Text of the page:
Fibromyalgia is a common condition of widespread pain reflecting central nervous system sensitization. To understand how to direct treatment of this complex illness one needs to understand the pathophysiology leading to abnormal spinal cord amplification of pain signals, so will start with a brief tour of our scientific understanding of fibromyalgia. With this data it will be clear why fibromyalgia pain has been notoriously resistant to standard treatments.
Fortunately there are some newer alternative pain relief treatments that specifically target the central nervous system sensitization. One of the best studied is low-dose naltrexone (LDN) which calms activated glial cells and lowers the volume of pain transmitted to the brain.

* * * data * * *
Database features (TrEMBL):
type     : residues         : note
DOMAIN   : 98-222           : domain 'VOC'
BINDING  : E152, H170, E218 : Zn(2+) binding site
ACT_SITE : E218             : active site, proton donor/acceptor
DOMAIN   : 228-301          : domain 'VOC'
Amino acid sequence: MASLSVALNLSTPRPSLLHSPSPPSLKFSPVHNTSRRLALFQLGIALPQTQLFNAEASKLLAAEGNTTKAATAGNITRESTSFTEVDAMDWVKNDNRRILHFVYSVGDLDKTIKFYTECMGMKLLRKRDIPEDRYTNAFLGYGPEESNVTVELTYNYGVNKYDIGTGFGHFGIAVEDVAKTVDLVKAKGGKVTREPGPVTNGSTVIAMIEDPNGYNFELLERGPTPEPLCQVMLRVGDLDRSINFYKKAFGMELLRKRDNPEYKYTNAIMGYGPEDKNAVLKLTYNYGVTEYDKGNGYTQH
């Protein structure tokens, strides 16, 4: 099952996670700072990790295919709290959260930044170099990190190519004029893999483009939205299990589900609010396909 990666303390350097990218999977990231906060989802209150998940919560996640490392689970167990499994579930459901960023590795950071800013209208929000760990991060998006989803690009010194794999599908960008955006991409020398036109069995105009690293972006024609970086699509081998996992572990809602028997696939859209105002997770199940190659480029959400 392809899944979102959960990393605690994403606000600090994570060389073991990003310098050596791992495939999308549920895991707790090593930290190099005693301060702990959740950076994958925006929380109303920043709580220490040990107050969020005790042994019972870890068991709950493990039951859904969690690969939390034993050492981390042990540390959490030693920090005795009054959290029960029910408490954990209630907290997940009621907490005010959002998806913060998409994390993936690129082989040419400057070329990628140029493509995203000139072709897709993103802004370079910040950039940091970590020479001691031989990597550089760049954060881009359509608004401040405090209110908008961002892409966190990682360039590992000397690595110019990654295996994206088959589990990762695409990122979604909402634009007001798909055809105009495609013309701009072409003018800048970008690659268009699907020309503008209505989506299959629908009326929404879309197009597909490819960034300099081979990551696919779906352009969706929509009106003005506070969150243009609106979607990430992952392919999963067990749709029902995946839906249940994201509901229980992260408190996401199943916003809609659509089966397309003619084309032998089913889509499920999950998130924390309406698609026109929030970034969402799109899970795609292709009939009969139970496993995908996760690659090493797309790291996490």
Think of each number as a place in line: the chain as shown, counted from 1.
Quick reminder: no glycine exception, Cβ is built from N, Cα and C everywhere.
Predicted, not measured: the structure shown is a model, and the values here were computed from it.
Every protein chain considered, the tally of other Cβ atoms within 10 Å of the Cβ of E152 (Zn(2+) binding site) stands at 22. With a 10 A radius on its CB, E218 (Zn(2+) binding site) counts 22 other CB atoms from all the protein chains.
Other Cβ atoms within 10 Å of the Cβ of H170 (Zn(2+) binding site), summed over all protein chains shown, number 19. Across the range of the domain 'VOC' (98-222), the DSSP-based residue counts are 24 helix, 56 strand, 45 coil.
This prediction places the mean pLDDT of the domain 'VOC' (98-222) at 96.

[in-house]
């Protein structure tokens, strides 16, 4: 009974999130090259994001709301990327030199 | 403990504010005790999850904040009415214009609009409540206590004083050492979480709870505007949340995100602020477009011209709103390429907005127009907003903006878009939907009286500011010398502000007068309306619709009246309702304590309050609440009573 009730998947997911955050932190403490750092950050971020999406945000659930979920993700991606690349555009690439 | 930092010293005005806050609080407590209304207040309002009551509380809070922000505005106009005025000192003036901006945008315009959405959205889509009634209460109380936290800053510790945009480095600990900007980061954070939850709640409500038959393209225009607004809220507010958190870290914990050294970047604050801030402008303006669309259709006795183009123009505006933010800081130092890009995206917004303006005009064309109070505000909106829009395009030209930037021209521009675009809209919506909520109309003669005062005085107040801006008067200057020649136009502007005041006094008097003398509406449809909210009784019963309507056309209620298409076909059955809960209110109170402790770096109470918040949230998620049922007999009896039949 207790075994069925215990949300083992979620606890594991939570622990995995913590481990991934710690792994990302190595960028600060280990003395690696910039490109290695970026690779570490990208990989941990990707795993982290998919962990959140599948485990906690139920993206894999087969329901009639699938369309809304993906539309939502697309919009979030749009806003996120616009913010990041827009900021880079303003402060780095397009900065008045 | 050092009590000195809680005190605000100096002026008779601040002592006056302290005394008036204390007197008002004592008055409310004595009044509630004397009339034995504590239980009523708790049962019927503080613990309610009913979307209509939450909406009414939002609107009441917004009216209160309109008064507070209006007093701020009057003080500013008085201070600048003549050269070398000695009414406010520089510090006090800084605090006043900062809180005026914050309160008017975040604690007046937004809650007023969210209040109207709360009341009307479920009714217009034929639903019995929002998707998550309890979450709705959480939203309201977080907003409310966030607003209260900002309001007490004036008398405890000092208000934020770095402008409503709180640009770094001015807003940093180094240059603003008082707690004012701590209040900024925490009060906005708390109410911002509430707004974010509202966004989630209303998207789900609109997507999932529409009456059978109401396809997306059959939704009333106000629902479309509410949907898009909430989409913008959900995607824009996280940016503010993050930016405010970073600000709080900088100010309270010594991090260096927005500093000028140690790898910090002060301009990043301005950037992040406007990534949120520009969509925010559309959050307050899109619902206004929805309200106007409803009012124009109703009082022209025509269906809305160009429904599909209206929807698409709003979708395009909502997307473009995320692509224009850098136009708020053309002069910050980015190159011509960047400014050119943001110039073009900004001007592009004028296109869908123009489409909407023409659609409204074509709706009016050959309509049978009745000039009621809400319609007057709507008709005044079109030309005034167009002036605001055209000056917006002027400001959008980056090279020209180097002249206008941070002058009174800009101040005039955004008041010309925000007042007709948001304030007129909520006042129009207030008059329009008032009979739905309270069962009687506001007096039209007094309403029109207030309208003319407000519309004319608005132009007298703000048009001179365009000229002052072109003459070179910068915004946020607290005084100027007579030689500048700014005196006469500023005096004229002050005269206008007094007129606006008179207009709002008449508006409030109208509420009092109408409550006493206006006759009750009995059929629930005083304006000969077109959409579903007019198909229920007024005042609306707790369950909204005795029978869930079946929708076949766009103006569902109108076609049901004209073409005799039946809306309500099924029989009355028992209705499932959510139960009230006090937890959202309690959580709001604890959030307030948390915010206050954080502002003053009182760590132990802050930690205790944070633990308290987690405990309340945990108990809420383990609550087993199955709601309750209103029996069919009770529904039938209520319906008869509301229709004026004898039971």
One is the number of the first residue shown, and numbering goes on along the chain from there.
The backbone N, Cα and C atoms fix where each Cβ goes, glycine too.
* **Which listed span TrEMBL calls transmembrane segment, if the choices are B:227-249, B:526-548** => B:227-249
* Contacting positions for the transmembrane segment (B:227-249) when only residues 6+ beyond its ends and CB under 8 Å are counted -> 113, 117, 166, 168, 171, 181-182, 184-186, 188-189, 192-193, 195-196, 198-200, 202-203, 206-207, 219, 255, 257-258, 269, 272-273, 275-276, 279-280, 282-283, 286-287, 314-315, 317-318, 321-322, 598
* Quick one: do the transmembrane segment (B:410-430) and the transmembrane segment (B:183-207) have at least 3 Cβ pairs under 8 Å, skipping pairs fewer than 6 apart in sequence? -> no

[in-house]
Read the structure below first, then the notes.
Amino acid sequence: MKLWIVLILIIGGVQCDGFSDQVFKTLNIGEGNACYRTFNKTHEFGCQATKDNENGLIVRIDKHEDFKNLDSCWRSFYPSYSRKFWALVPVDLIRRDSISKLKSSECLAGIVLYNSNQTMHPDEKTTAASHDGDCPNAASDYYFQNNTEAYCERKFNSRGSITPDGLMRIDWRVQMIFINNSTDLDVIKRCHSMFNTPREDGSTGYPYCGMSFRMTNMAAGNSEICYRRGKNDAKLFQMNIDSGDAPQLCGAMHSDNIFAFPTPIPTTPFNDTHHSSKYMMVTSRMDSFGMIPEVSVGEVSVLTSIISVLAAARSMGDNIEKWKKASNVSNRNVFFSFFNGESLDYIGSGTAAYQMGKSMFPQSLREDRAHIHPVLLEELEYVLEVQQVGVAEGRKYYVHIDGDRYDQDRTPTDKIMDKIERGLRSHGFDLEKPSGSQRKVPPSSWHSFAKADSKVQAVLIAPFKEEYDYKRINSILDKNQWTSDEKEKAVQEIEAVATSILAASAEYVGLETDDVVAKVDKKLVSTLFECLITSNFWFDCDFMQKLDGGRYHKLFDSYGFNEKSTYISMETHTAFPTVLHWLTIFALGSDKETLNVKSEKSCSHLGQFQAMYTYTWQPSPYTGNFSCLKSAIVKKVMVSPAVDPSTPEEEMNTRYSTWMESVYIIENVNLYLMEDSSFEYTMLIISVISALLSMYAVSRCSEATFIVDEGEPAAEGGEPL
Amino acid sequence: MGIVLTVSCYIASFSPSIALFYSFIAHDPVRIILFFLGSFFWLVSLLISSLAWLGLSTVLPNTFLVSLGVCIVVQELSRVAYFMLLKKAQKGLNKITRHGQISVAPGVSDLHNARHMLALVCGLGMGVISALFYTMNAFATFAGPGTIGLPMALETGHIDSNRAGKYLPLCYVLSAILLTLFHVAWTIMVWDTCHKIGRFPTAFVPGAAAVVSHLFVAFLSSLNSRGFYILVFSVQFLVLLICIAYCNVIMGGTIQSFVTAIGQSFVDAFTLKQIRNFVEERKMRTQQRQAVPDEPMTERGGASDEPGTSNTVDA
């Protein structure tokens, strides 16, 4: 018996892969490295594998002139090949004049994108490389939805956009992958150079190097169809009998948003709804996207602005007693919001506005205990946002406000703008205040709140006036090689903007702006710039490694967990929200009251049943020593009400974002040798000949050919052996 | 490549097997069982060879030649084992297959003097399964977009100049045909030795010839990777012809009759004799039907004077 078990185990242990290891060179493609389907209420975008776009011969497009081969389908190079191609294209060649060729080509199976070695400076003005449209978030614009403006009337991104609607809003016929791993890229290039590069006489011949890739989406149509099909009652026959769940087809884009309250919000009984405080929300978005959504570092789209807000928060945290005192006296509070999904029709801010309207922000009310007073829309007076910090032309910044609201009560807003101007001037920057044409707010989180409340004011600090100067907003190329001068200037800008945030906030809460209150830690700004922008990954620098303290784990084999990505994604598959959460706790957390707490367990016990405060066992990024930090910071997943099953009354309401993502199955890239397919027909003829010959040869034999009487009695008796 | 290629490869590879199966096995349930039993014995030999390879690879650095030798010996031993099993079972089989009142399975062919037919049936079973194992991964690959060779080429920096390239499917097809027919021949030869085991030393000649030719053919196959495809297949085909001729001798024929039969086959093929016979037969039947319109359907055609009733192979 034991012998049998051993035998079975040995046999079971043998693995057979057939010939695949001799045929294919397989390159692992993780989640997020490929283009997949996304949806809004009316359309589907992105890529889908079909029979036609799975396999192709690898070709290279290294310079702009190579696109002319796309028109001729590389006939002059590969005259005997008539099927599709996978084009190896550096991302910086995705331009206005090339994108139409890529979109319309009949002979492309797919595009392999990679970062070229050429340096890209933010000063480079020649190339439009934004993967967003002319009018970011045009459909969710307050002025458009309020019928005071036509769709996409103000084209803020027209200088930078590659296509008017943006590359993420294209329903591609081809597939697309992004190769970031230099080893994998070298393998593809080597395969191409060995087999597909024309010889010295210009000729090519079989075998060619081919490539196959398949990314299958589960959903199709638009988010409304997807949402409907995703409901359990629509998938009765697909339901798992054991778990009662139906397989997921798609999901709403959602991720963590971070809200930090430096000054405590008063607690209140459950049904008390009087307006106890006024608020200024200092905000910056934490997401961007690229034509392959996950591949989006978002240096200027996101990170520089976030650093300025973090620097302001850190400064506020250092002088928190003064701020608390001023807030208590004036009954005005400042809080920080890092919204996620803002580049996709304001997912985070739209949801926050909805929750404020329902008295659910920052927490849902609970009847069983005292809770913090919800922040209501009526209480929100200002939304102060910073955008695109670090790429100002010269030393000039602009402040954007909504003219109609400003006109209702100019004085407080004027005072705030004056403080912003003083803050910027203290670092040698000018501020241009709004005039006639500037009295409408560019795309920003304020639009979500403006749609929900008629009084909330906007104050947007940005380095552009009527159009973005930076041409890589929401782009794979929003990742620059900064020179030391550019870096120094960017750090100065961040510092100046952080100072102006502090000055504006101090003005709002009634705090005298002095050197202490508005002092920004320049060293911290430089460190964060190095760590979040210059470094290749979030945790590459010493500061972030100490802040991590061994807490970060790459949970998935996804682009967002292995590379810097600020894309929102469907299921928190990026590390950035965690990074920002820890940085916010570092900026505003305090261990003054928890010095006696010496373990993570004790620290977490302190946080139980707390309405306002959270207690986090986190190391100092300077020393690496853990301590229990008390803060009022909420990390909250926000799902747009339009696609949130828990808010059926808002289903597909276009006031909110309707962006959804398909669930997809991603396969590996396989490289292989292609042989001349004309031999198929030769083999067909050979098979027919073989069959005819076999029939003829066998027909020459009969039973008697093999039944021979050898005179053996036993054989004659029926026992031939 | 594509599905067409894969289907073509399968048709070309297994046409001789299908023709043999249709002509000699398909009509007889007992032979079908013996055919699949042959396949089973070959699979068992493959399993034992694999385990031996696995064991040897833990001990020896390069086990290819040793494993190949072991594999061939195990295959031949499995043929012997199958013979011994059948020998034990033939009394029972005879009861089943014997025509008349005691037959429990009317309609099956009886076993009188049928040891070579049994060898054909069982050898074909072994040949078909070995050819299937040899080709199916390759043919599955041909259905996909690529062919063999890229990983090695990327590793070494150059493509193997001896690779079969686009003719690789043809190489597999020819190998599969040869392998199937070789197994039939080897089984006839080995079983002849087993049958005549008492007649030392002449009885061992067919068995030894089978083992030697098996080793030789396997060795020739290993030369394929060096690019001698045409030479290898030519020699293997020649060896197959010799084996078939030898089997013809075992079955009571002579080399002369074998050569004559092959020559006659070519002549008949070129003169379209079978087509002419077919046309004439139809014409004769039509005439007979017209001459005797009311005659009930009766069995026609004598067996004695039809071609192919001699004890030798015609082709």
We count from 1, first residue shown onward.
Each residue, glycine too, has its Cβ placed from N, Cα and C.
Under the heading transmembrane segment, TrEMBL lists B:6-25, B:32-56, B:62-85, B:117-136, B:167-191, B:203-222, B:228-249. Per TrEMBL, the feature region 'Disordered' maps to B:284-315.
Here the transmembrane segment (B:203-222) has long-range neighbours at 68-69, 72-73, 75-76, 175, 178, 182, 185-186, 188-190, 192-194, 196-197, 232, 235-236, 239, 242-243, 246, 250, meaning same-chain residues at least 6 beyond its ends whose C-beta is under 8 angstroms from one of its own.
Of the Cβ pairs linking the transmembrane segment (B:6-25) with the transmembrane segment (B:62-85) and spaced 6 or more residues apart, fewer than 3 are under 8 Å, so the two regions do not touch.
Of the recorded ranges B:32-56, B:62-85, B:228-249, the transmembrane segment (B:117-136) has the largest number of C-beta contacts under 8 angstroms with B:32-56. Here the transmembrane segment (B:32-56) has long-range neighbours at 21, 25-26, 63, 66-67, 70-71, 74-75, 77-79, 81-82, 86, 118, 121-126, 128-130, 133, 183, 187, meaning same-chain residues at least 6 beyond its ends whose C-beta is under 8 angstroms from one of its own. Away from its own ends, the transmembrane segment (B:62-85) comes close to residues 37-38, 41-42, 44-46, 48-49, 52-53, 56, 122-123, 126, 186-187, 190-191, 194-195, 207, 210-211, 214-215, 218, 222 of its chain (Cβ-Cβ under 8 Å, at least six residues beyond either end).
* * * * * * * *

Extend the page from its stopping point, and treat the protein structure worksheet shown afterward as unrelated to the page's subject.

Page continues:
Several case studies of fibromyalgia patients using LDN in a specialty practice will be reviewed, each highlighting one important aspect of prescribing LDN for this specific population. One challenge to prescribing LDN to patients with fibromyalgia is that many utilize opiate-based medications to manage their symptoms. There are ways to overcome this, including using ultra low-dose naltrexone along with separating dosage times adequately to lessen any interactions.
Session Learning Objective
1) Describe the central nervous system sensitization that occurs in fibromyalgia
2) Review how low dose naltrexone can lessen fibromyalgia pain
3) Identify ways to avoid interactions between opiate-based pain medications and LDN
4) Understand common LDN dosing adjustments that may be required for fibromyalgia